Chuck Jones, the famous Hollywood screen artist, helped create such cartoon characters as Elmer Fudd, the Road Runner, Wile E. Coyote, Pepe Le Pew and others. But of all the fictitious creatures that appeared in his more than 300 films, his favorite animated figure was Michigan J. Frog.
Released in 1955 by Warner Brothers, the first Michigan J. Frog cartoon is about a member of a wrecking crew who finds a time capsule in the cornerstone of a large building he is razing. When he opens the old box, he awakens Michigan J. Frog, who emerges from his confined home with a top hat, cane, dancing feet and an Al Jolson-like voice that belts out popular tunes.
The demolition man quits his job and devotes all his time to promoting his amazing discovery. But the frog will only perform for the man who rescued him. Frustrated by his lack of success, the man puts the talented frog back into the cornerstone of a nearby building undergoing construction in 1956. The film fast-forwards to the year 2056. Another worker finds Michigan J. Frog and the story repeats itself-with the same results.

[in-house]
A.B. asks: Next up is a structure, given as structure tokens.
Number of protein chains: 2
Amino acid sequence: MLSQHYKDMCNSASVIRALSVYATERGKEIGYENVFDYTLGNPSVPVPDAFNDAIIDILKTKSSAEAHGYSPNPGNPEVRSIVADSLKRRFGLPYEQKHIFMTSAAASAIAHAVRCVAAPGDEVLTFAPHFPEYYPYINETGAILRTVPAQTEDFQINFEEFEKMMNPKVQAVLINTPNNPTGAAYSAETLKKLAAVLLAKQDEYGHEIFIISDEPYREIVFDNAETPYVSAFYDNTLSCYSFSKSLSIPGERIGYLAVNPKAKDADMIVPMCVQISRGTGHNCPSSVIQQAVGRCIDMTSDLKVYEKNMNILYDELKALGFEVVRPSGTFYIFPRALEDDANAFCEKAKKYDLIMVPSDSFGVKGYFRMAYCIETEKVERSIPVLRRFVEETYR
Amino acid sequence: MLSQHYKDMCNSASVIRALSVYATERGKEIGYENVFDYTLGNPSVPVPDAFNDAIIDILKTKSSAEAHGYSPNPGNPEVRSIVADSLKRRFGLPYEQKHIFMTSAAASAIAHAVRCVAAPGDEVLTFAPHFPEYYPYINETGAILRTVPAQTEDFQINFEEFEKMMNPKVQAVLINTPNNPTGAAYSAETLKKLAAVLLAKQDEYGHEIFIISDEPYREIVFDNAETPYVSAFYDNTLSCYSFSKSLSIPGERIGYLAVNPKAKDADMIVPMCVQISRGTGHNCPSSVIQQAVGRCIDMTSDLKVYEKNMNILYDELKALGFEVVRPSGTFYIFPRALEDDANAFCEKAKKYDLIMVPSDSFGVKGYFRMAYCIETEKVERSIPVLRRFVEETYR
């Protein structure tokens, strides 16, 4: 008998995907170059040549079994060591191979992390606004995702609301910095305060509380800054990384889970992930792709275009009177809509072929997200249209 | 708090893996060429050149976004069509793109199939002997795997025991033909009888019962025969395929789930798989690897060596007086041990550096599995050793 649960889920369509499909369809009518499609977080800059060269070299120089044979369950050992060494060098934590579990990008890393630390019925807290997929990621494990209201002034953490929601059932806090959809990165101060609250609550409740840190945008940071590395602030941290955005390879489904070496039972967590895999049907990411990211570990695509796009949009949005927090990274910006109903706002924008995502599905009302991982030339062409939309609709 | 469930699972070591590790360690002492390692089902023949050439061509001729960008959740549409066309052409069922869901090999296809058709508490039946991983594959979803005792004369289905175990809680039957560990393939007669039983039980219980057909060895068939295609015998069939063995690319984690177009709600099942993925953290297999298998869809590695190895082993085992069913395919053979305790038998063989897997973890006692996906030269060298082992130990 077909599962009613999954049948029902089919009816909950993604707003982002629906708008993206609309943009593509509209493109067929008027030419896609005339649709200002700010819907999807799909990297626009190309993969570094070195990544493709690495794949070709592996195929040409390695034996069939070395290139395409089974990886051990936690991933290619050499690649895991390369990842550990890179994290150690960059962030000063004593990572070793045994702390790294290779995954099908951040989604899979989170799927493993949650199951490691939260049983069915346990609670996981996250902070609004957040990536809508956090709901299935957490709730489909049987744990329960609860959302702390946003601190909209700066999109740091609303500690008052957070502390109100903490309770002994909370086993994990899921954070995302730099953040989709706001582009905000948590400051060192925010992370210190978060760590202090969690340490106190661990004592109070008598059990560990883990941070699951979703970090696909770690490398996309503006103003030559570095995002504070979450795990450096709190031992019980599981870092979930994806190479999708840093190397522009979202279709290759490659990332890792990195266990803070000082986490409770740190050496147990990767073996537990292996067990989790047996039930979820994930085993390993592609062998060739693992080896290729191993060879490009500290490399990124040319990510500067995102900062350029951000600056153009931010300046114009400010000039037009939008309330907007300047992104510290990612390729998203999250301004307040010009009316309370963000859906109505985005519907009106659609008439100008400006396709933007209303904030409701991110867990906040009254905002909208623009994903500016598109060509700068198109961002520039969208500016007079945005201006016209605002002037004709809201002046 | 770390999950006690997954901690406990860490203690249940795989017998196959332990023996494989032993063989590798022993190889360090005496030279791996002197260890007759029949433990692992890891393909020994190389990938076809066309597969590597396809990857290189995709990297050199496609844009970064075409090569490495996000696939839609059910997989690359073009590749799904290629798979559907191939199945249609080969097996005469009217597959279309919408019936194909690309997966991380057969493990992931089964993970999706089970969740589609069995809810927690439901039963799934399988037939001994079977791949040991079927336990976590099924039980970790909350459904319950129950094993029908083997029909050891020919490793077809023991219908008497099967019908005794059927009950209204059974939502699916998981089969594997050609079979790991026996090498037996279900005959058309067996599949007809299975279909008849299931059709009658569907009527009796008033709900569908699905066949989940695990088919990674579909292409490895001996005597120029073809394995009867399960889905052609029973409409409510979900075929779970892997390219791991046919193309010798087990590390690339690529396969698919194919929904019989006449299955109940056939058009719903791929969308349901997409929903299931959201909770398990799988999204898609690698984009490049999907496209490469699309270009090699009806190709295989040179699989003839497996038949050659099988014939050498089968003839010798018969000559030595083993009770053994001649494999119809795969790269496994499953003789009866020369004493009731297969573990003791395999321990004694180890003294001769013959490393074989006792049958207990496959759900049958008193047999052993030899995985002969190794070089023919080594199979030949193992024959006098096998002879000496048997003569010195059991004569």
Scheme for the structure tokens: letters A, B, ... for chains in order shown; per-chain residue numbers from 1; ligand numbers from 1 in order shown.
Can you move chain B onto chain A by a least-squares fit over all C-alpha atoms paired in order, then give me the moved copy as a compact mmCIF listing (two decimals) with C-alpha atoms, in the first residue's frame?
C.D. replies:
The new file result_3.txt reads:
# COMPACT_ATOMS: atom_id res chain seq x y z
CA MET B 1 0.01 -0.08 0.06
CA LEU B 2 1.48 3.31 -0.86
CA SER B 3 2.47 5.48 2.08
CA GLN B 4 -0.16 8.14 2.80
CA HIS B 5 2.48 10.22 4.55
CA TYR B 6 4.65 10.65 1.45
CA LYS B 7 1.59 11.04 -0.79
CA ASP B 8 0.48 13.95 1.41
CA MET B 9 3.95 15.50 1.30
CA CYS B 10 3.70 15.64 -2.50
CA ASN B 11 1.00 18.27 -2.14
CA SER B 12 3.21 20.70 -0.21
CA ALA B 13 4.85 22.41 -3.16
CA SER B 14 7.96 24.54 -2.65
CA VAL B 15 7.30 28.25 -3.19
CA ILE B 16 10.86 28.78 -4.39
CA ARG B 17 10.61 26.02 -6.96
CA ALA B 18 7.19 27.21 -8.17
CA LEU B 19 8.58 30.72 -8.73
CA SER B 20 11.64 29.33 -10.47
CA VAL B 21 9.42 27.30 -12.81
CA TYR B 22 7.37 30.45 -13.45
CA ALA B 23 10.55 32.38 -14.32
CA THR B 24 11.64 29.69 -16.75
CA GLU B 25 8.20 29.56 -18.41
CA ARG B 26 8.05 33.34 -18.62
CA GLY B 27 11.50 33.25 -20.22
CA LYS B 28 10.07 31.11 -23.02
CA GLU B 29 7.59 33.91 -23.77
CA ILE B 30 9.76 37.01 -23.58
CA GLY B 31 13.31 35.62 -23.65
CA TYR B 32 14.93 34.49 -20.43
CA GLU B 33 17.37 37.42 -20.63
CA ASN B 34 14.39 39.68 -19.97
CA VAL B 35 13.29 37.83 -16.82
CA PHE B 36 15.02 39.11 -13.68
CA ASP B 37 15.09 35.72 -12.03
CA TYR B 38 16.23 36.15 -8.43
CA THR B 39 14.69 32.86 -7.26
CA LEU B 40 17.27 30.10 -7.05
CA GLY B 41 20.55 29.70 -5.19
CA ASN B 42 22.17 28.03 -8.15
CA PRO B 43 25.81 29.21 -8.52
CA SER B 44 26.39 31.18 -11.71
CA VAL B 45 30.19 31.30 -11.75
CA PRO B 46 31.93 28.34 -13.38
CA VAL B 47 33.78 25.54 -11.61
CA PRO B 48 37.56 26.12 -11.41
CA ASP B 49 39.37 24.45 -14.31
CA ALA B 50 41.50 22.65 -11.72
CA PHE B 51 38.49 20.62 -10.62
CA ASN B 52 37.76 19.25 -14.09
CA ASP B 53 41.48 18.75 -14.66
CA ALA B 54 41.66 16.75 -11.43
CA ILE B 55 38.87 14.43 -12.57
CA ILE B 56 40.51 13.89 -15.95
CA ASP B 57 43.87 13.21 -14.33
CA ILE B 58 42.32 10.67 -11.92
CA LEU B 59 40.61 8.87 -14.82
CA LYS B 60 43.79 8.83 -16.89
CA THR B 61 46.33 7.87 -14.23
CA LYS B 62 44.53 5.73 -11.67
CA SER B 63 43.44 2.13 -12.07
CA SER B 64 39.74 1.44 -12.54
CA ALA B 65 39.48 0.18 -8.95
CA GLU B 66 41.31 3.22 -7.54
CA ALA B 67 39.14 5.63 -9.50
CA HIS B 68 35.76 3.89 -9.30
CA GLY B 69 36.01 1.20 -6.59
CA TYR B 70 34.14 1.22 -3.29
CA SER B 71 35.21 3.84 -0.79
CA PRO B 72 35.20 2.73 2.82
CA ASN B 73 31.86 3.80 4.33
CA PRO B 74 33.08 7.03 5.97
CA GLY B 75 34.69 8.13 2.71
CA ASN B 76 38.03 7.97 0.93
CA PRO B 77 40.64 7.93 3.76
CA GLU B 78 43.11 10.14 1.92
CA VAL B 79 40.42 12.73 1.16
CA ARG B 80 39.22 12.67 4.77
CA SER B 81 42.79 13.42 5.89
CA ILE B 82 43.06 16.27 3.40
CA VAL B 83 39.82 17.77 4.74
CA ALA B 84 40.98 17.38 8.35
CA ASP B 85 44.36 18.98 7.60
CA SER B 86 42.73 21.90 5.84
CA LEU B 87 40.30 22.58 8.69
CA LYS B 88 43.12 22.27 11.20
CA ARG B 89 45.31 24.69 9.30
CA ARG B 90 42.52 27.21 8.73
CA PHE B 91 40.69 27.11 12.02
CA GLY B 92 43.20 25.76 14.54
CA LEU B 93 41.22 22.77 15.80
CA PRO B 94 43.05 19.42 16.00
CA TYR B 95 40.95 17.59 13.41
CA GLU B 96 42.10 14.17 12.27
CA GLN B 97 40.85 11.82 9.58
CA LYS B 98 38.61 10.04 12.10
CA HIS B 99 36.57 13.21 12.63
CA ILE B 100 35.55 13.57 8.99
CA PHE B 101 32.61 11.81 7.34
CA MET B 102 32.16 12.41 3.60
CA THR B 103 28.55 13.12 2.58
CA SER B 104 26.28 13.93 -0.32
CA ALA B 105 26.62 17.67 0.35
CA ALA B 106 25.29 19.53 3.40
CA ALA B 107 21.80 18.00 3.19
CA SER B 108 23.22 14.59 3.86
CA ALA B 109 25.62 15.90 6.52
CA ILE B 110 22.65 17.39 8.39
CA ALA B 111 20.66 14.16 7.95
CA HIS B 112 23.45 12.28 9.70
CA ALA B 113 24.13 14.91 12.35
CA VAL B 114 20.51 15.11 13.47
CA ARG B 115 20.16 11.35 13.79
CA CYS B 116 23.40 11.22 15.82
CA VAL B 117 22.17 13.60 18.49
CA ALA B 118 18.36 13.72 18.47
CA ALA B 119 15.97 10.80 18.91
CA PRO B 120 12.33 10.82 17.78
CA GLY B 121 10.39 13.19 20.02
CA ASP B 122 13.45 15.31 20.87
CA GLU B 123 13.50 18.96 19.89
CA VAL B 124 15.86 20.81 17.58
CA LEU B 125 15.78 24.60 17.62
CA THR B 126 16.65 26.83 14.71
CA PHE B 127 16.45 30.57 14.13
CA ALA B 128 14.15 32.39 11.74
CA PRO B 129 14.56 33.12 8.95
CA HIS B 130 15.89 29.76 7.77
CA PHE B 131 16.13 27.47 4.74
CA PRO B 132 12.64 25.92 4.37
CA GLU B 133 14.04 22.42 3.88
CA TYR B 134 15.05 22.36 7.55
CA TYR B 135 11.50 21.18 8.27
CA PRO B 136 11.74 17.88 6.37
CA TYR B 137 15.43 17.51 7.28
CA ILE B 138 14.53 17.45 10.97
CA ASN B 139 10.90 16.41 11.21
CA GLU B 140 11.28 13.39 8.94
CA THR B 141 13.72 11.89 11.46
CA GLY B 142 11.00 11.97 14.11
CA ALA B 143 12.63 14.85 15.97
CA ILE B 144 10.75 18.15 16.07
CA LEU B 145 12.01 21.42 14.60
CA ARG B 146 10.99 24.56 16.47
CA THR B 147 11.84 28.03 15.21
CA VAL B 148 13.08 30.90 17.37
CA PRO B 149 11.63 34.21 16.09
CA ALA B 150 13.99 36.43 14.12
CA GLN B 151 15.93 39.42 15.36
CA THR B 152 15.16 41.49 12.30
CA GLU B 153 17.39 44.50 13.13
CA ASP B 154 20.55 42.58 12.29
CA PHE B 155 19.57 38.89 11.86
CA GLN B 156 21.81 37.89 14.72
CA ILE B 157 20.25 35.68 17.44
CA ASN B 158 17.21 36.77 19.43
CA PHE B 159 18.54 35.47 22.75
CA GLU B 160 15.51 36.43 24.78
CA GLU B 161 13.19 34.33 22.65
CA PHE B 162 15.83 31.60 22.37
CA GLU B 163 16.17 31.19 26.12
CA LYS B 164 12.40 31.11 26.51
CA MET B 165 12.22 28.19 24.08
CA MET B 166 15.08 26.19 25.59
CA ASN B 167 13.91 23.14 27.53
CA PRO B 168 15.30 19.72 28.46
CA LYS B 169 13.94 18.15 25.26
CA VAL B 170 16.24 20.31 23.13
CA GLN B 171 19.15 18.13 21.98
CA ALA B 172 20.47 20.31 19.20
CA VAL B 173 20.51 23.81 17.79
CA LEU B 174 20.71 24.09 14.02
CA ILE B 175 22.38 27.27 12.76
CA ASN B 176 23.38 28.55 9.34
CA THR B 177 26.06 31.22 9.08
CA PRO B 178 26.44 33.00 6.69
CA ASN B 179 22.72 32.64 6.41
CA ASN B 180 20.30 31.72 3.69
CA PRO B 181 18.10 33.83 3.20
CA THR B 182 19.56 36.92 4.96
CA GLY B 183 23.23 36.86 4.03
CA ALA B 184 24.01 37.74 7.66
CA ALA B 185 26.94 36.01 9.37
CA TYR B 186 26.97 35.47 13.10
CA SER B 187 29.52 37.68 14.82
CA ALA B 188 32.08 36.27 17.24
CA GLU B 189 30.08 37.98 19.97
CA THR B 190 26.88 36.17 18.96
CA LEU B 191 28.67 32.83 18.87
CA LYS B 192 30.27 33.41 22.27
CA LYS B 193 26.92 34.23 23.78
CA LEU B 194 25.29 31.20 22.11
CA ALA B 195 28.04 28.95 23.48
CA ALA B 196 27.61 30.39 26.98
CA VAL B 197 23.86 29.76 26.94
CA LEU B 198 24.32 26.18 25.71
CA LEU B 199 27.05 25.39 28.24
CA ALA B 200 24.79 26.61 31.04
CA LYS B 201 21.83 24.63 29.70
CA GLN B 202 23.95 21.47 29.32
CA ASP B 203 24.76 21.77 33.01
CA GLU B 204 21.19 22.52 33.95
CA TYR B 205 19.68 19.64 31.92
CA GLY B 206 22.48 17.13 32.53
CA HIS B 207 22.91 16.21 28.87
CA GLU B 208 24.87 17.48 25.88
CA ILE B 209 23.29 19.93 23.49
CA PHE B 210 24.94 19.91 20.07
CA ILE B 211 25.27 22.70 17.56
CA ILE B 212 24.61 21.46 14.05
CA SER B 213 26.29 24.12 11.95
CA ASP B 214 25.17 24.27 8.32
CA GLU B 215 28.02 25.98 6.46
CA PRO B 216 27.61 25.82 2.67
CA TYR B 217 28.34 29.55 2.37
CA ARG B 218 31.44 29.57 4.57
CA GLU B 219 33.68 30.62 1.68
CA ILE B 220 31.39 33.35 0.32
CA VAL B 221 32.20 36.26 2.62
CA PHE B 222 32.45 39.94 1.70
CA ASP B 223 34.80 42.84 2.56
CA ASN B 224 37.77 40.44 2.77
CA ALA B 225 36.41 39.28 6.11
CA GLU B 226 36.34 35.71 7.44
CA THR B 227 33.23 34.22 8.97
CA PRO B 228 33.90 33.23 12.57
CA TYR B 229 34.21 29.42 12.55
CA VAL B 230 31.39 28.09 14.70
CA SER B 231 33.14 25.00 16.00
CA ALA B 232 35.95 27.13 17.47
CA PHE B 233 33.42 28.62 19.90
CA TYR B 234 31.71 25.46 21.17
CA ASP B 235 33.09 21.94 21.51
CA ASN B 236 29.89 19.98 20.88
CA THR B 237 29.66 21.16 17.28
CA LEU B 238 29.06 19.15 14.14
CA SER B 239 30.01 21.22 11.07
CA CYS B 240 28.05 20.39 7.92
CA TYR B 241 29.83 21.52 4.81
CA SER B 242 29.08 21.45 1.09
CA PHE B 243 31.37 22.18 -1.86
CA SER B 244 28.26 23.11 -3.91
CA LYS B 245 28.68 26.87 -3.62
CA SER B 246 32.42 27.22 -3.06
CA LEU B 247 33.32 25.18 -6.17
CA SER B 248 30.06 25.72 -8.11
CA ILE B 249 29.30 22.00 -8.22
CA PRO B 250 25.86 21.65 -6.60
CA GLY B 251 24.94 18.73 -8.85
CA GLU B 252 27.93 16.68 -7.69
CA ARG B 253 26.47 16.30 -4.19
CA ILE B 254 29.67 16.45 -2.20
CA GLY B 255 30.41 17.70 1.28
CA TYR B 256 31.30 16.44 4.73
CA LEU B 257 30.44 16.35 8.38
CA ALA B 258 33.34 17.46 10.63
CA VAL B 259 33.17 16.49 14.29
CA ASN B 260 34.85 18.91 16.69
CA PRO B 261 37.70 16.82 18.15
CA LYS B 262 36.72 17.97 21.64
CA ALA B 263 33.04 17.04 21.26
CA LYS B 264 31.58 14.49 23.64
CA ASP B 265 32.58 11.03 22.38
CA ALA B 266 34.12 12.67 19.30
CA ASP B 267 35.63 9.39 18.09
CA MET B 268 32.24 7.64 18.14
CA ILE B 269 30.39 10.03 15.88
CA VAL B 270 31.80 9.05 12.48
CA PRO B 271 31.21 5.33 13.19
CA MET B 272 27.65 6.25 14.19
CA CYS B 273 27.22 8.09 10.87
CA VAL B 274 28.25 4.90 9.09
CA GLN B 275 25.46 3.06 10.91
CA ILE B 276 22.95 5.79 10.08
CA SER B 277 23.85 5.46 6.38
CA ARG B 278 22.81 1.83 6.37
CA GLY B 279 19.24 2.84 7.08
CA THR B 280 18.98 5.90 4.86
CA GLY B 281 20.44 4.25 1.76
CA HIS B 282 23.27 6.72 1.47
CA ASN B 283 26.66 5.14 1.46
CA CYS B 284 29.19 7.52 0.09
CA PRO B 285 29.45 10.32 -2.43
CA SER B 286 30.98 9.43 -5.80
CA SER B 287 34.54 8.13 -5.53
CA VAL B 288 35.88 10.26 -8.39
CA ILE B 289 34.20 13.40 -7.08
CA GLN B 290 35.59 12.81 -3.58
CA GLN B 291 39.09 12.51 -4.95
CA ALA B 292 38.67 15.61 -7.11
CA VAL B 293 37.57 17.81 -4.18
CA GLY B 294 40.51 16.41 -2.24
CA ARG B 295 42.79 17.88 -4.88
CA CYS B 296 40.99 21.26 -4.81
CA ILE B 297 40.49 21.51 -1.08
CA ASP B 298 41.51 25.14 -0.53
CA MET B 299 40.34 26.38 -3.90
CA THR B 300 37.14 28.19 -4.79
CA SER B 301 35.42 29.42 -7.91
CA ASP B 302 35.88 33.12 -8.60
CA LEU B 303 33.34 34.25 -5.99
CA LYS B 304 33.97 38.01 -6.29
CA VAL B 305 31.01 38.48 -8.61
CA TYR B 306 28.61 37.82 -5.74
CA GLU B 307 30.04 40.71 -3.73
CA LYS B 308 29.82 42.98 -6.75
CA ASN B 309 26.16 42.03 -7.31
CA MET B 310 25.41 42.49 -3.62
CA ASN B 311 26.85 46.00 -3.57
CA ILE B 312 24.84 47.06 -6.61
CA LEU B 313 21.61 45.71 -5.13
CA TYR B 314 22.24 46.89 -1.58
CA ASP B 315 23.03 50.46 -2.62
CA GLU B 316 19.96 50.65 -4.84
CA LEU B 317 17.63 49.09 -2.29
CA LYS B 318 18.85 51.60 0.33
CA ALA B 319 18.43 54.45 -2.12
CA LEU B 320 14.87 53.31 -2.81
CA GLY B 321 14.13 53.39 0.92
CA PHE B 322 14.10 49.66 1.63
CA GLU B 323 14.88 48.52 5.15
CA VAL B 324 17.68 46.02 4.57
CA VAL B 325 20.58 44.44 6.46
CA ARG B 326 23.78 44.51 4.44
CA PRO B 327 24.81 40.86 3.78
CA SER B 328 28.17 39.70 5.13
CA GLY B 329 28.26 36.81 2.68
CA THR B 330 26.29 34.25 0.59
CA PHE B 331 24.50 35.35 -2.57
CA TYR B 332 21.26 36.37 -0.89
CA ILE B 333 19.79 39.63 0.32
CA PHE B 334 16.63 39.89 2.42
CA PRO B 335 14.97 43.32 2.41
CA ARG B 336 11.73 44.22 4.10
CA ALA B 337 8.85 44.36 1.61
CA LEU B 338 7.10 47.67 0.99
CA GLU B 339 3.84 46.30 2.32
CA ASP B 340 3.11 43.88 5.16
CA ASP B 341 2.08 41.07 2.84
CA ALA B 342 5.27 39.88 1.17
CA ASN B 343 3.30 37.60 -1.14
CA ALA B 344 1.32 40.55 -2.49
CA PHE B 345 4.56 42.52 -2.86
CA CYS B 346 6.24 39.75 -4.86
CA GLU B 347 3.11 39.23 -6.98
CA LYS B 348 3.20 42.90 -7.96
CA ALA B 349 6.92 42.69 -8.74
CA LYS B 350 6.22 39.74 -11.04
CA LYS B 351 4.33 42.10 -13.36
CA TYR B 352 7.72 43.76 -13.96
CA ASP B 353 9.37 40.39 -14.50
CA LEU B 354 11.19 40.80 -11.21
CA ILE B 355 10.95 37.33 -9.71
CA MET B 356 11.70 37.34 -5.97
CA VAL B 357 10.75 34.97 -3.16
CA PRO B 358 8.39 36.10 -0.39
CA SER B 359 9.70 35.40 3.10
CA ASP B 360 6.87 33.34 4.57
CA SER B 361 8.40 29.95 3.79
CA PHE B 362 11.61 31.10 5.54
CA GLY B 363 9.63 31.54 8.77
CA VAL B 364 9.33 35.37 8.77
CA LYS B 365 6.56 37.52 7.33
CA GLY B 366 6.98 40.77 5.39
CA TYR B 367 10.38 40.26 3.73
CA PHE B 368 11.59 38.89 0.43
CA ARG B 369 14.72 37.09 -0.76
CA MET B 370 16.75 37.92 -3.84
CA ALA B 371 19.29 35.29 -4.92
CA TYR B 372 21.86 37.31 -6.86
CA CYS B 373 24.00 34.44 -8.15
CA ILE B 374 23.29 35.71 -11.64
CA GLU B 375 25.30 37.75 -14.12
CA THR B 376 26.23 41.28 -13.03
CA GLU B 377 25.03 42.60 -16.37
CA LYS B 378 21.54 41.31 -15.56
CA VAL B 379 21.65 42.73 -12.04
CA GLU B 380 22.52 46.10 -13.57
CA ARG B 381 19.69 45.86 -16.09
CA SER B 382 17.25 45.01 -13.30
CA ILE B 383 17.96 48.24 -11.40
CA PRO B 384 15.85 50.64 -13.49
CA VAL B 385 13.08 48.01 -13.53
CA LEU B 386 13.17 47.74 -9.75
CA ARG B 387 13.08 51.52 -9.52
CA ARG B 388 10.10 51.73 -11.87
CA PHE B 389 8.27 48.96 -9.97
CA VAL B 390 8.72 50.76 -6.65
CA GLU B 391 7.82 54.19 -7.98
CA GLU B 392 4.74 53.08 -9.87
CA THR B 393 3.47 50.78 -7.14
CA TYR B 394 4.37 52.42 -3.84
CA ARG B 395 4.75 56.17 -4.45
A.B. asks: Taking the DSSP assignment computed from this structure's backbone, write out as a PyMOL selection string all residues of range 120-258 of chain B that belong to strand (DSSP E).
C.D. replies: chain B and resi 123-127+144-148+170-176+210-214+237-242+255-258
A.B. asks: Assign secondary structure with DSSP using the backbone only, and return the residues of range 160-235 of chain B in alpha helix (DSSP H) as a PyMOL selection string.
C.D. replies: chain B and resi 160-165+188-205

For years, Michigan J. Frog served as the symbol for Warner Brothers television, until he was retired in 2005. However, Michigan J. Frog has entertained Americans in a variety of different ways. To find out how (and why he has J. for a middle initial), look for the July/August 2008 issue of Michigan History. For more information visit www.michiganhistorymagazine.com or call (800) 366-3703.
For more on this amphibious crooner, check out the Michigan J Frog entry on Wikipedia and also the entry for One Froggy Evening (the cartoon it was based on). Of course, we can’t really talk about Michigan J Frog without showing a video, so here’s a video: